RAILWAY-generated ground vibrations can cause significant disturbance for residents of nearby buildings. As speeds rise, the intensity of vibrations generated by trains generally inceases. Recent theoretical investigations of ground vibrations from high-speed trains undertaken at Nottingham Trent University have contributed to a better understanding of why this should be. Researchers had predicted that especially large increases in vibration level would occur if train speeds exceeded the velocity of Rayleigh surface acoustic waves in the ground (Krylov V V, Applied Acoustics 44, 1995, pp149-164). If this happens, a ground vibration boom occurs, similar to the sonic boom predicted by Austrian physicist E Mach about a century ago.

More than 50 years passed between publication of Mach’s theory and appearance of the first supersonic aircraft generating a sonic boom. Much less time elapsed between the first theoretical prediction of a ground vibration boom from high speed trains and the event occurring in practice. Dr Christian Madshus reported at a conference entitled ’Ground Dynamics and Man-made Processes: Prediction, Design, Measurement’, organised by the Institution of Civil Engineers in London at the end of last year, that the research team from the Norwegian Geotechnical Institute observed a large increase in ground vibration level when train speeds exceeded the Rayleigh wave velocity in the supporting ground.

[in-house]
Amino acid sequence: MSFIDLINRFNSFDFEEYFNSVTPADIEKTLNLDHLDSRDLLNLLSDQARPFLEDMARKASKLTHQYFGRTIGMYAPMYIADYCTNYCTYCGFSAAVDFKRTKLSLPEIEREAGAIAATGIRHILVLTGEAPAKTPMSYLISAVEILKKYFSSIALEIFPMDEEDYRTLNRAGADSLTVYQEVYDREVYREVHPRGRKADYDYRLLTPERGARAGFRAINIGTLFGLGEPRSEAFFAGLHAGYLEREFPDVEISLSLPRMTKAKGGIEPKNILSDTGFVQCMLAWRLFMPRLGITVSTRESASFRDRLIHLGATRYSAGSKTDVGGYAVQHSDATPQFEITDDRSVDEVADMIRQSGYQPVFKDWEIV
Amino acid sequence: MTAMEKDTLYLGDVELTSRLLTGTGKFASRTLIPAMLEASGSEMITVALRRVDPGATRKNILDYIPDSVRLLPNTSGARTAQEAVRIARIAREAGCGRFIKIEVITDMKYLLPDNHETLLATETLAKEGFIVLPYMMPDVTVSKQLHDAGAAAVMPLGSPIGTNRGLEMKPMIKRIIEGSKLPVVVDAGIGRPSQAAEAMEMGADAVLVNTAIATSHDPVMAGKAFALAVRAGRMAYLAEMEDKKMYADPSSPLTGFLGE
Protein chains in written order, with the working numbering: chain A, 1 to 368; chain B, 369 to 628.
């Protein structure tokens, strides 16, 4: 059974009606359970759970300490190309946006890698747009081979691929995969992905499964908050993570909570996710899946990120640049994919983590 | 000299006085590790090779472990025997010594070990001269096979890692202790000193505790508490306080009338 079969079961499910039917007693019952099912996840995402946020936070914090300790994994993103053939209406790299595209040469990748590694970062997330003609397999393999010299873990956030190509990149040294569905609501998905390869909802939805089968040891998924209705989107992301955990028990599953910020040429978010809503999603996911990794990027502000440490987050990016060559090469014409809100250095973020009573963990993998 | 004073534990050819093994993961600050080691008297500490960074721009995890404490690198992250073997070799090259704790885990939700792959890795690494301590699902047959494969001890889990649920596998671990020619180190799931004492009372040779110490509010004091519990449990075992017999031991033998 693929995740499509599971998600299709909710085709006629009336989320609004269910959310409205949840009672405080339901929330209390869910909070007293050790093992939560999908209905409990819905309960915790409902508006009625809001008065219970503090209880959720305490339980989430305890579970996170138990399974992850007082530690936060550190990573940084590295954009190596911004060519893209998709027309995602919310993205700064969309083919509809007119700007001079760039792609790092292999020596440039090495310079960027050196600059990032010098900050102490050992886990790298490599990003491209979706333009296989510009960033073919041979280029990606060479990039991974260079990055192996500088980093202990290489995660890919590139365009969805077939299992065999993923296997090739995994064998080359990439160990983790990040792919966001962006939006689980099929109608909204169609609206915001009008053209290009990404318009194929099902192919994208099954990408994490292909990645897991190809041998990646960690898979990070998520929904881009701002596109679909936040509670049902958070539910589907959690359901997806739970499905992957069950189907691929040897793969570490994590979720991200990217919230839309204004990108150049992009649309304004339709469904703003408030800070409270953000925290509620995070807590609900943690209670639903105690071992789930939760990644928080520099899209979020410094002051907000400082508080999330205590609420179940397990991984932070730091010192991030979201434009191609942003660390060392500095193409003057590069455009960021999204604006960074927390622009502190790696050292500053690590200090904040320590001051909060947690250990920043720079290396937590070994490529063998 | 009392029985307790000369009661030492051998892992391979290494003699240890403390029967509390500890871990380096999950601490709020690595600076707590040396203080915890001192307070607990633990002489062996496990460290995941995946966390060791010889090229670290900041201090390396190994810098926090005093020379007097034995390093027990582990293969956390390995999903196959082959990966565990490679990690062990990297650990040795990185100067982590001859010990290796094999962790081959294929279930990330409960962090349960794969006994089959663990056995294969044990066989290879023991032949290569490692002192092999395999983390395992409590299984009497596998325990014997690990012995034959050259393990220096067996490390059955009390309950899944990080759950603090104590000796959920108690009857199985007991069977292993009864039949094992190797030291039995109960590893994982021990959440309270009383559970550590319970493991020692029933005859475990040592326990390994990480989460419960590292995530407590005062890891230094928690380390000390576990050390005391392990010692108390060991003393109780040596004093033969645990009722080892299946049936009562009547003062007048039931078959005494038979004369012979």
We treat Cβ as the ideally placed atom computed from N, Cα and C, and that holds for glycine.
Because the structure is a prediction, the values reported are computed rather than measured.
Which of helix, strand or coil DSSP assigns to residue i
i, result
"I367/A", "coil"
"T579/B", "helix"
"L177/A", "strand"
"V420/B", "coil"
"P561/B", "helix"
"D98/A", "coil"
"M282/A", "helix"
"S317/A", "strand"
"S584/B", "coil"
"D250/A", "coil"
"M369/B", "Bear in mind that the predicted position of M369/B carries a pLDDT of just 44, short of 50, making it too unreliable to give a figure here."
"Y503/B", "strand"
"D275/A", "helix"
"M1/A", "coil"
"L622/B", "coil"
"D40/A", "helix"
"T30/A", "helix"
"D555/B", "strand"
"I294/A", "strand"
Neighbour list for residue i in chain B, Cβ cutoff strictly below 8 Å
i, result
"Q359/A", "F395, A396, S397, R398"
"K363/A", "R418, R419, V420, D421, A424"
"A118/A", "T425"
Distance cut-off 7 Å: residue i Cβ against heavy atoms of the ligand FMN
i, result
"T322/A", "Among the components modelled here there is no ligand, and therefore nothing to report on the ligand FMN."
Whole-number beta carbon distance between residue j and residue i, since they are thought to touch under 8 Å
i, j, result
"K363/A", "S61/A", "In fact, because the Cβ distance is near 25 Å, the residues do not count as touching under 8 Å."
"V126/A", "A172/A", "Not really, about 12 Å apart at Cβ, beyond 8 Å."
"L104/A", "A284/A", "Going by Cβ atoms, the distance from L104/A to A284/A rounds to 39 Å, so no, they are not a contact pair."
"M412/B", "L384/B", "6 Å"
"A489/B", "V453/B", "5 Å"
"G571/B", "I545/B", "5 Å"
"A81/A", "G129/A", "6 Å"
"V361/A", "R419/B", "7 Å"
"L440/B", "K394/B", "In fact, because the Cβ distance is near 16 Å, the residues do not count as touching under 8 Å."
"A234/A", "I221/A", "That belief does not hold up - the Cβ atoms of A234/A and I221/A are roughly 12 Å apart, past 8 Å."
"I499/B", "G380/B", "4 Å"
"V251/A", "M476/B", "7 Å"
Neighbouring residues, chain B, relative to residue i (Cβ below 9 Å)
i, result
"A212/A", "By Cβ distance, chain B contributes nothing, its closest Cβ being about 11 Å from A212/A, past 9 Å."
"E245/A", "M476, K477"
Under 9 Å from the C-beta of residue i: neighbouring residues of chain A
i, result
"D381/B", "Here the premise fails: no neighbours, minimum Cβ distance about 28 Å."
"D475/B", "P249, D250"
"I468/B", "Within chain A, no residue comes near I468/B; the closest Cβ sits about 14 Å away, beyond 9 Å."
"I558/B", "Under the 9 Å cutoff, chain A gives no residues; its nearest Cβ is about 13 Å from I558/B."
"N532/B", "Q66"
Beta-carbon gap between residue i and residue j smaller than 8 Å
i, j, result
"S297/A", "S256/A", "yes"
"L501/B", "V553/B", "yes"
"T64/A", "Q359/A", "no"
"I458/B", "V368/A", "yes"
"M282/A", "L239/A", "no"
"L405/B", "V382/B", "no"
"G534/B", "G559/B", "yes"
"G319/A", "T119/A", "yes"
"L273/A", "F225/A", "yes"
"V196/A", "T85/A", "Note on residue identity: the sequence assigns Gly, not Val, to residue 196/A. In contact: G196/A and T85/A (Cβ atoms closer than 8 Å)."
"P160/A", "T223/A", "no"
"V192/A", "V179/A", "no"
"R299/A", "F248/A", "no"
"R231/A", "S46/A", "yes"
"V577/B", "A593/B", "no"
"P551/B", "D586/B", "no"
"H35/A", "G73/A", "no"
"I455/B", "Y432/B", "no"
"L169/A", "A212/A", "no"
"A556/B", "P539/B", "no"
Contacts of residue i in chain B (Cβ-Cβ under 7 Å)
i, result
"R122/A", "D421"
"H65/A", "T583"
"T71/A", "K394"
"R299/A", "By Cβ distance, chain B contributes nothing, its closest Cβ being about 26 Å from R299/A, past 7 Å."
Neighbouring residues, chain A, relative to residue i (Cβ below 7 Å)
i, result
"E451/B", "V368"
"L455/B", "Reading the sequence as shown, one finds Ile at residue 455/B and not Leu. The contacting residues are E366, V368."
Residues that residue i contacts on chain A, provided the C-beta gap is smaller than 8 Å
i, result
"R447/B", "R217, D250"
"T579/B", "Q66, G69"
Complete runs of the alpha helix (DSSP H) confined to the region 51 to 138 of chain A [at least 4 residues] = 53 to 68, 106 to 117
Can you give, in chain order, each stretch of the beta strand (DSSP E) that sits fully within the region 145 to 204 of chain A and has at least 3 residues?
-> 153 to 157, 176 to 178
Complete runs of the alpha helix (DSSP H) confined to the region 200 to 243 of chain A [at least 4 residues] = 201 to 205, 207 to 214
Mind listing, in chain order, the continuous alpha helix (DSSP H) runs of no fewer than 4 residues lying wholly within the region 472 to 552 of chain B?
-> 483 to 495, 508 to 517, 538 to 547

Swedish track authority Banverket observed the problem when SJ’s 200 km/h X2000 trains began using the West Coast main line from G